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Concerto for Trumpet, Timpani and Wind Instruments

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Siegfried Matthus

Siegfried Matthus (trans. Sergio Ortiz)

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General Info

Year: 1982
Duration: c. 20:00
Difficulty: (see Ratings for explanation)
Original Medium: Orchestra
Publisher: Unknown
Cost: Score and Parts - Unknown


1. Intrada
2. Adagio und Passacaglia
3. Vivace
4. Adagio lamentoso
5. Stretto con collera


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None discovered thus far.

Program Notes

It was his series of concertos (starting with the Flute Concerto of 1968) that did the most to bring Siegfried Matthus to fame, though he is also highly regarded for operas and other stage works.

The concertos led him toward an evolutionary stylistic process. When he wrote the first one, he was still experimenting with pitch series and organization as principal organizing factors. He retained a tendency to link specific sound-combinations to given dramatic ideas. During the 1970s he used a more traditional twelve-tone approach, and around 1980 began mixing twelve-tone music with more traditional forms of tonal organization.

This double concerto is one of the notable works from this period of stylistic flux. Matthus wrote it for the 100th anniversary of the Berlin Philharmonic. The Berlin Philharmonic was on the West's side of the Berlin Wall. When the wall went up 20 years earlier, those members of the Philharmonic who lived in East Berlin and those members of the Berlin State Orchestra who lived in West Berlin were permanently severed from their orchestras, so there was a large de facto exchange of membership between the two orchestras. There is an aspect of this concerto that allows one to wonder if Matthus had a historical/political agenda in devising: The timpani and the trumpet never really seem able to get together. They have separate and often quite distinct parts, as if they are divided from each other by the orchestra.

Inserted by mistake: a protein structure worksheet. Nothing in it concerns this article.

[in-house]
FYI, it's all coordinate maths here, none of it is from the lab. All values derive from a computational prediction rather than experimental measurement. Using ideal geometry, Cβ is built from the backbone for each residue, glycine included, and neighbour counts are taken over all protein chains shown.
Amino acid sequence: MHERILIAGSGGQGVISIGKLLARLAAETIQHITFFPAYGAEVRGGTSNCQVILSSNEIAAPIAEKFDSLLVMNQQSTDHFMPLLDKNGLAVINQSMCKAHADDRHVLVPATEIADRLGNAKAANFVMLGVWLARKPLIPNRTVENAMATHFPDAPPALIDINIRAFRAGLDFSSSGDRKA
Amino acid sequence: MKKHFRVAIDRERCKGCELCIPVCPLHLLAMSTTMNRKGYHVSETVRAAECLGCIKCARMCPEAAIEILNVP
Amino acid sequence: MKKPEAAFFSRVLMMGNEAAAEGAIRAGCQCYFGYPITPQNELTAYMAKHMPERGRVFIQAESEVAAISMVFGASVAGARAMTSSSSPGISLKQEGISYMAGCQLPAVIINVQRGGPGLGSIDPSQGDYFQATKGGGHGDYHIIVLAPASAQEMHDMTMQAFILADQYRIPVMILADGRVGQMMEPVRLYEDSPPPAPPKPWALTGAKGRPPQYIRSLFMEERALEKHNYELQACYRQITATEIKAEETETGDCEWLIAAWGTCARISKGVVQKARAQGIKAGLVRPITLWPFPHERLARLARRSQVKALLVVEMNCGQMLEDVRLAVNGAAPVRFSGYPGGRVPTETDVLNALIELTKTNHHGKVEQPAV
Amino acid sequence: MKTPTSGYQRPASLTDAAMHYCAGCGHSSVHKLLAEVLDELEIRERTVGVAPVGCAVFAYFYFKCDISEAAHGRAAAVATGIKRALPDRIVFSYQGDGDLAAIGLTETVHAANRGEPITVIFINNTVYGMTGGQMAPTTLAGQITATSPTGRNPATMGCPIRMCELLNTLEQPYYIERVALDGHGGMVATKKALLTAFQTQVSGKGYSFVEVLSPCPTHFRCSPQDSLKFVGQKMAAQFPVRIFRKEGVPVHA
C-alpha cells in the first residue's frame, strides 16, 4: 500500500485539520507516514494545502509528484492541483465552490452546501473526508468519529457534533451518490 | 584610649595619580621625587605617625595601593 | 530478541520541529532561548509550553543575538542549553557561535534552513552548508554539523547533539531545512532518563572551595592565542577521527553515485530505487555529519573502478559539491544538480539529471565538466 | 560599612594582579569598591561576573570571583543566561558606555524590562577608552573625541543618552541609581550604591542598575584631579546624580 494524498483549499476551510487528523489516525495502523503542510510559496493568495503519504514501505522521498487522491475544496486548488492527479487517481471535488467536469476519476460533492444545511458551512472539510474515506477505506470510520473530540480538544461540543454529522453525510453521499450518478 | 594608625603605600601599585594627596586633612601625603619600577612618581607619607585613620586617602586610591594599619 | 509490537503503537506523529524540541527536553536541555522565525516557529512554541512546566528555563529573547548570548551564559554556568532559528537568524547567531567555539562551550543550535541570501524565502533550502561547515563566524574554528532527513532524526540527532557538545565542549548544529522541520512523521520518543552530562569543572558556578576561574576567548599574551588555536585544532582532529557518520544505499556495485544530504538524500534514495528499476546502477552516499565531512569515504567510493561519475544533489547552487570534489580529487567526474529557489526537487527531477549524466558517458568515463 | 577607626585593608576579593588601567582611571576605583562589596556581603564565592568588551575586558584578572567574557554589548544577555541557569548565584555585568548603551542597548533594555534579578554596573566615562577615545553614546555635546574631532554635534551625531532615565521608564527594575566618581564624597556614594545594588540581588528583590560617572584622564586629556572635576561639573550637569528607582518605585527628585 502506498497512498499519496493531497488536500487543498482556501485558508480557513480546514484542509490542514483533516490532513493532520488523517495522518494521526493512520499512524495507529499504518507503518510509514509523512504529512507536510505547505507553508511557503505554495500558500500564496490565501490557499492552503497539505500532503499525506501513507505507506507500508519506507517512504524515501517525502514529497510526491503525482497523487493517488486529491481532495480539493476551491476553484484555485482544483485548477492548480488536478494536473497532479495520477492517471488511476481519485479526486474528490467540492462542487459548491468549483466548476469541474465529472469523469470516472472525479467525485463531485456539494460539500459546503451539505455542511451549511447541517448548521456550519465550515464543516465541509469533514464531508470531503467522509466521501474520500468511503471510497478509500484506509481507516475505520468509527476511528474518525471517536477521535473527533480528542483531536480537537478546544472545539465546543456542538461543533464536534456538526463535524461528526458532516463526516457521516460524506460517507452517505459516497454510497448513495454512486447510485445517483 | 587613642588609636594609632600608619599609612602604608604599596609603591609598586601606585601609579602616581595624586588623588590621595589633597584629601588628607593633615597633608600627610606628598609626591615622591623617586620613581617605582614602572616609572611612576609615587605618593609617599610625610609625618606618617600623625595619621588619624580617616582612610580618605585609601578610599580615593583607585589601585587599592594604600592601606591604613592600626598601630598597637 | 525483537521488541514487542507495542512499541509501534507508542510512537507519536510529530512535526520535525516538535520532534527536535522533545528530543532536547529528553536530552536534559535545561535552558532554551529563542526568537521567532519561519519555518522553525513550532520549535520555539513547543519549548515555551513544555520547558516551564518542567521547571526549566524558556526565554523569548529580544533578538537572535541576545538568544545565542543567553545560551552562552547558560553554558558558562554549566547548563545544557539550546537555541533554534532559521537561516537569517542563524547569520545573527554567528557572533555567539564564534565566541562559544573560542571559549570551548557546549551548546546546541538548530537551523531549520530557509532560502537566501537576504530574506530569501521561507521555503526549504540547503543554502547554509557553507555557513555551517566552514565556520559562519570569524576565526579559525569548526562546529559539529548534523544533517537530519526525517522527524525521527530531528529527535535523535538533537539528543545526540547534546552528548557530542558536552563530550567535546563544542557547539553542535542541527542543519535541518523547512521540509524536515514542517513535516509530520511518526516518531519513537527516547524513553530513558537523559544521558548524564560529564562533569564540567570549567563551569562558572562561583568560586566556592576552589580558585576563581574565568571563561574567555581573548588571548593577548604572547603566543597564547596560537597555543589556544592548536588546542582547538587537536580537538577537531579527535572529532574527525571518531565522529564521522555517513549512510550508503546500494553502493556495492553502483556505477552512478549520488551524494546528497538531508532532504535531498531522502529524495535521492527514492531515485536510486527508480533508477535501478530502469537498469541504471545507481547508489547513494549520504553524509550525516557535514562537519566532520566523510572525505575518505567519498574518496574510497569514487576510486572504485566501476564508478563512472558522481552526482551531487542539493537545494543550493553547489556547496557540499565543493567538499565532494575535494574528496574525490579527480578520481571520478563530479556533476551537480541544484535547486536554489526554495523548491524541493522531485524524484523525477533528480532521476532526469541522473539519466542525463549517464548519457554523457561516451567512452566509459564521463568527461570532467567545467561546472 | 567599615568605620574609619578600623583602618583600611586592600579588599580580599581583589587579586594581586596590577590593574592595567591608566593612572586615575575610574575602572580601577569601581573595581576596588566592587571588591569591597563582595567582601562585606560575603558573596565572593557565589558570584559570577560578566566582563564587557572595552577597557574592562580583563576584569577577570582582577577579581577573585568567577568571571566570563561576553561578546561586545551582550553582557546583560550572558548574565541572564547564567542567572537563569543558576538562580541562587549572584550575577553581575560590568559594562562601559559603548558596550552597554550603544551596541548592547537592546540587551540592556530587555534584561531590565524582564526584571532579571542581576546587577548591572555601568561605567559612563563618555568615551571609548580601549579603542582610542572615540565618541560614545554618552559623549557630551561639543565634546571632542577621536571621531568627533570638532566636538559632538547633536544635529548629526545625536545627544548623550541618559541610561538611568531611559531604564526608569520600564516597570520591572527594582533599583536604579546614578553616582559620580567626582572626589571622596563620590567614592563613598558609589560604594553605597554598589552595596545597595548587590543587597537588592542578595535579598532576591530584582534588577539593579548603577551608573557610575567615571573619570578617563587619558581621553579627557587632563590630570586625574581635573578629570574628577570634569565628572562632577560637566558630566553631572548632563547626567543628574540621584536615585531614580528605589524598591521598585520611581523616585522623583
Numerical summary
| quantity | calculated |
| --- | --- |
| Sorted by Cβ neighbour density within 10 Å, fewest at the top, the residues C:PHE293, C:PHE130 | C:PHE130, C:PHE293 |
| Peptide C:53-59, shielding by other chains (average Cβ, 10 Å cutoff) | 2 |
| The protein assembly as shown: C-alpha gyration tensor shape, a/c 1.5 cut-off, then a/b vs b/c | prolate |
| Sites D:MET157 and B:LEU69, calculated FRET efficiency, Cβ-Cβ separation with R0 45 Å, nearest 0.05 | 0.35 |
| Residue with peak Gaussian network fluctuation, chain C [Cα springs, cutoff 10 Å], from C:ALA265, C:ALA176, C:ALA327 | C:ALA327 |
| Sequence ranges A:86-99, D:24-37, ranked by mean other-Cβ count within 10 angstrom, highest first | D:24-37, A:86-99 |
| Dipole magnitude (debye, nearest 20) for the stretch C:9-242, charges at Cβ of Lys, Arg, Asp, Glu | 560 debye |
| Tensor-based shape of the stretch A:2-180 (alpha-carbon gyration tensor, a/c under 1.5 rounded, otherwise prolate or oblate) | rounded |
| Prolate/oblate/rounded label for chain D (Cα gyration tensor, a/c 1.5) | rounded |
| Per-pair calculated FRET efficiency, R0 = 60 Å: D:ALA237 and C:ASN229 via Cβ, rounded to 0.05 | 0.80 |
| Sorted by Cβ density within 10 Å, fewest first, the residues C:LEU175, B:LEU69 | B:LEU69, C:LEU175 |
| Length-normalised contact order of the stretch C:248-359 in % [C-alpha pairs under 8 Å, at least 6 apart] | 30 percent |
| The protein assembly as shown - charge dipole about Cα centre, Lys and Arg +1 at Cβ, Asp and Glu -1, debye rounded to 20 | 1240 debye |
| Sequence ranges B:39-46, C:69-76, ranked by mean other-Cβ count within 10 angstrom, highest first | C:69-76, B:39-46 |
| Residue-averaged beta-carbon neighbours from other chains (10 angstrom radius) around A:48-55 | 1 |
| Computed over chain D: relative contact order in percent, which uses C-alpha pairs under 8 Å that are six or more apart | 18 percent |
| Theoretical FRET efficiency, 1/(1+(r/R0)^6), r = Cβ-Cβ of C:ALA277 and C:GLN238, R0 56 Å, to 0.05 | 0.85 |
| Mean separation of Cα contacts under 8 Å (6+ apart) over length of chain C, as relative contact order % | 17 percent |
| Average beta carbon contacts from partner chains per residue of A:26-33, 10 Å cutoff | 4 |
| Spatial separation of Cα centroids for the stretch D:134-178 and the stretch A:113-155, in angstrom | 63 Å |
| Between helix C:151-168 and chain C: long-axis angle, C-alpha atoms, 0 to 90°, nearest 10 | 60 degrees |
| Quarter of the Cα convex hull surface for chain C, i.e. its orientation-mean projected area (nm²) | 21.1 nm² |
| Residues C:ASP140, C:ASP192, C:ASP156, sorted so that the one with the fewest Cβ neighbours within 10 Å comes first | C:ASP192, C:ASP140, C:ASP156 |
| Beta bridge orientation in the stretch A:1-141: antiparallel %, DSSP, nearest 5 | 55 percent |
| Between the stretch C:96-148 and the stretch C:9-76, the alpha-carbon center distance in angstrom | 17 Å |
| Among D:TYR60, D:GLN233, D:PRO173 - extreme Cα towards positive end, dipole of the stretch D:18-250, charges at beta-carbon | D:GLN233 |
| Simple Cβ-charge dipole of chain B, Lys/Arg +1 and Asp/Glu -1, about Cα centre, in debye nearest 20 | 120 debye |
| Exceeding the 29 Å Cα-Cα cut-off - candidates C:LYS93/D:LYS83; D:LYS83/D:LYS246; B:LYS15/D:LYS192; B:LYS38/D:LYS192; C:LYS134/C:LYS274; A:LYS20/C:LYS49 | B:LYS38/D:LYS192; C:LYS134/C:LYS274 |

The orchestra comprises brass, strings, harp, and percussion. The concerto is in five movements, and "bridge" or "arch" forms predominate. The rapid center movement echoes material from the first and last movement, which are all fairly fast, with two adagios flanking the middle. Most of the movements are built also in arch forms, with the most dramatic music occurring in the middle.

The first movement, Intrada, seems rhapsodic in form as it introduces a succession of ideas that will feature in the concerto. It establishes a tone for the work with its brusque, and not without comic elements.

The second movement, Adagio und Passacaglia, is highly expressive, with variations that seem to express some numbing emotional devastation, at least to this listener.

The centerpiece is a scherzo marked Vivace. The rhythms have a lightness that is at odds with the forceful outbursts in the two solo parts. The impression is that of a feverish quarrel.

The emotional heart of the concerto, and longest movement, is the other slow movement, Adagio lamentoso. The trumpet's declamation is like a funeral oration while the tread of the timpani suggests the procession.

The conclusion, Stretto con collera, is the shortest movement and propels the soloists into militant, strident outbursts.

- Program Note by Joseph Stevenson for orchestral version

Commercial Discography

None discovered thus far.

State Ratings

None discovered thus far.


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  • McGill University (Montreal, Que.) Wind Orchestra (Alain Cazes, conductor; Alexander Freund, trumpet; Fabrice Marandola, percussion) – 2 February 2019

Works for Winds by this Composer